Every year, MITNETZ STROM, a German electricity network operator, uses helicopters to inspect around 3,000 kilometers of high-voltage network and look for damage and hazards to power lines and masts. However, the use of helicopters for inspections is expensive and brings significant safety risks, which is one of the reasons MITNETZ sought out drones to do the job.

Earlier this year, MITNETZ partnered with FlyNex, a digital solutions provider for commercial drone operations, to obtain all the necessary permits and fly a drone along an 18-kilometer section of a power line to the south of the city of Leipzig. Using its digital software solution for planning and flying a drone, Flynex performed a fully automated beyond visual line of sight (BVLOS) flight with the Ceptor 8L provided by Globe UAV.

"We have known for some time that BVLOS flights are possible,” explained Michael Petrosjan, Managing Director of FlyNex GmbH. “This is exactly where drones bring an enormous economic advantage. Electricity pylons and overhead power lines or gas pipelines are predestined for this type of inspection from the air.”

Flying at an altitude of between 25 and 50 meters and a speed of up to 30 km/h, Flynex’s drone flew safely over high-voltage pylons, residential and commercial areas, forests, and fields and passed several towns and villages. During the test, due to the low temperatures and an increased energy requirement, the drone made a stop for a battery change and then continued the same route back.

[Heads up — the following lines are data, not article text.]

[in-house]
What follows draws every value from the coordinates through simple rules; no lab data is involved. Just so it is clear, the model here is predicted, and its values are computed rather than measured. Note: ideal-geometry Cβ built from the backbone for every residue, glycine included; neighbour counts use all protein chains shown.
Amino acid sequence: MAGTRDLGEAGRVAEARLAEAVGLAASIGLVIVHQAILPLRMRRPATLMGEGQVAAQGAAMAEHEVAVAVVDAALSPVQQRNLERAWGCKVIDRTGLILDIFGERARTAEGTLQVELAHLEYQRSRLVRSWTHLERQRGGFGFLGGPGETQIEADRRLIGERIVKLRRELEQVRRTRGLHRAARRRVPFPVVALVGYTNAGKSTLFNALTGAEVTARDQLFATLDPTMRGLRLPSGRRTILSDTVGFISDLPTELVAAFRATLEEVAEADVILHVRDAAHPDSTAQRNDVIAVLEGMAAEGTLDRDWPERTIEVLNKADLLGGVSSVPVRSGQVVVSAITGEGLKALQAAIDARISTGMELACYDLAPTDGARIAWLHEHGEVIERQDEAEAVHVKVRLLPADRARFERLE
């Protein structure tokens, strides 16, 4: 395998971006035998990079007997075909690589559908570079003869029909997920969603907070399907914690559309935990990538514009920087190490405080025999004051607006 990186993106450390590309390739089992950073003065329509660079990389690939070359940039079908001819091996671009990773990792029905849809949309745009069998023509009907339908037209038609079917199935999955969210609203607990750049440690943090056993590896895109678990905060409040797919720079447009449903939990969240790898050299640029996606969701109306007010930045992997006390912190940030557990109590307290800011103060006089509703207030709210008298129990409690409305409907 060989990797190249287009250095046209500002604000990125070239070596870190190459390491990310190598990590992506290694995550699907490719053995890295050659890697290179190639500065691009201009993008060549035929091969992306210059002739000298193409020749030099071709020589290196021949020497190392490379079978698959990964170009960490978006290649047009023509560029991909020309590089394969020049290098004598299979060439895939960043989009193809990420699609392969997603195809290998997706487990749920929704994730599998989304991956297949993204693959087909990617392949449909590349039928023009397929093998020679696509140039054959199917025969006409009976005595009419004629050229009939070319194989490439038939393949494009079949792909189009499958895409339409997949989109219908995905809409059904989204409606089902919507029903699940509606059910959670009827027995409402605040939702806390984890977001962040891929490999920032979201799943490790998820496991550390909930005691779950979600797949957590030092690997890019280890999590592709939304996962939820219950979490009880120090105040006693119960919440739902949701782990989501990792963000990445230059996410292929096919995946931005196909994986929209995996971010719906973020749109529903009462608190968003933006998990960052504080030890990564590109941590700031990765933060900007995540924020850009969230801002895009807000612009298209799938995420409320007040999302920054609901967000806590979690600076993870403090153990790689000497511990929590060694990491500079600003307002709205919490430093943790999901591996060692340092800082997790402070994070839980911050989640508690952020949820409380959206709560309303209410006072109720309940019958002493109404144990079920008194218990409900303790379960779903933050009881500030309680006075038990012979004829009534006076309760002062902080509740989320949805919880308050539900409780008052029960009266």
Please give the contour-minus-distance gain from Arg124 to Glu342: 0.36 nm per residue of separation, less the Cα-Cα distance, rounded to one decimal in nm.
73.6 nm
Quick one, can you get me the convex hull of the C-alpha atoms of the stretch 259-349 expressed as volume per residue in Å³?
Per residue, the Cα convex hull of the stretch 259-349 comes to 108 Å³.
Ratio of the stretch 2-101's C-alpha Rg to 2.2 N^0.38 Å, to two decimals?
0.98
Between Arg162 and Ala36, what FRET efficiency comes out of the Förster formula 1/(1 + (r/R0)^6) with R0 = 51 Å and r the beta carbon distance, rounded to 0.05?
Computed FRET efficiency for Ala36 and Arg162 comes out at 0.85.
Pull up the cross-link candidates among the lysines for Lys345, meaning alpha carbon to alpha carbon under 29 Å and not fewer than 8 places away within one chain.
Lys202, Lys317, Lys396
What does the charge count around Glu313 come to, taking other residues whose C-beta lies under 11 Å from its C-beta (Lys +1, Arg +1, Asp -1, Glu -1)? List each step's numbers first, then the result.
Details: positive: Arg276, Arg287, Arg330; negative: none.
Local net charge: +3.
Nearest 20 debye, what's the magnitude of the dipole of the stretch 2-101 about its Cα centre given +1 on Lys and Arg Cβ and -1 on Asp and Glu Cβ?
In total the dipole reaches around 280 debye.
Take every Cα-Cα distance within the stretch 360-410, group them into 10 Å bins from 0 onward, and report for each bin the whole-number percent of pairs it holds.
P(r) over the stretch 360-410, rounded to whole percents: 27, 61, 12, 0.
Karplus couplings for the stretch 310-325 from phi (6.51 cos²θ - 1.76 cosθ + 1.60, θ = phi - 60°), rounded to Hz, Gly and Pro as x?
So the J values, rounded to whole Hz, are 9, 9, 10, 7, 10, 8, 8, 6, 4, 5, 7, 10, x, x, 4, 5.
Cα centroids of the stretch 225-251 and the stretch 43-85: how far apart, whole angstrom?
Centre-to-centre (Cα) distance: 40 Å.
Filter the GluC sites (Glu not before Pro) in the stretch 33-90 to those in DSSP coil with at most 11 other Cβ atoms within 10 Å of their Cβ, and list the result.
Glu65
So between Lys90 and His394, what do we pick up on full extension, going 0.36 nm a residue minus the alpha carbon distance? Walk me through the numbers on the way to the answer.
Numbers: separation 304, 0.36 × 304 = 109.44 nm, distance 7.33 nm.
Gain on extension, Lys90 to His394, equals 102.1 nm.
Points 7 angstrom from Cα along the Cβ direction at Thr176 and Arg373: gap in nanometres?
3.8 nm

In addition, the test flight was livestreamed so everyone, including media and residents, could follow the flight. Also, if there were any deviations in the route or complications, the pilot monitoring the flight could have intervened directly from the screen. 

“However, there was no need for this, since the test flight was successful,” said Jens Hache, project manager at MITNETZ STROM. “There were no complications or events that stood in the way of another test. On the contrary, we have gained experience and can turn the necessary screws for the next flight.”

In the end, it took 45-minutes to complete the test, and the drone captured around 1000 pictures, digitally recording almost 40 kilometers of power lines and about 70 power pylons. This data was then analyzed with the support of artificial intelligence from eSmart Systems’ Connected Drone software.

In the future, MITNETZ STROM wants to establish the automated use of drones in addition to the use of helicopters. 

During the rest of the year, FlyNex plans to perform similar flights and has recently started cooperating with other companies and projects in the construction and renewable energy sectors.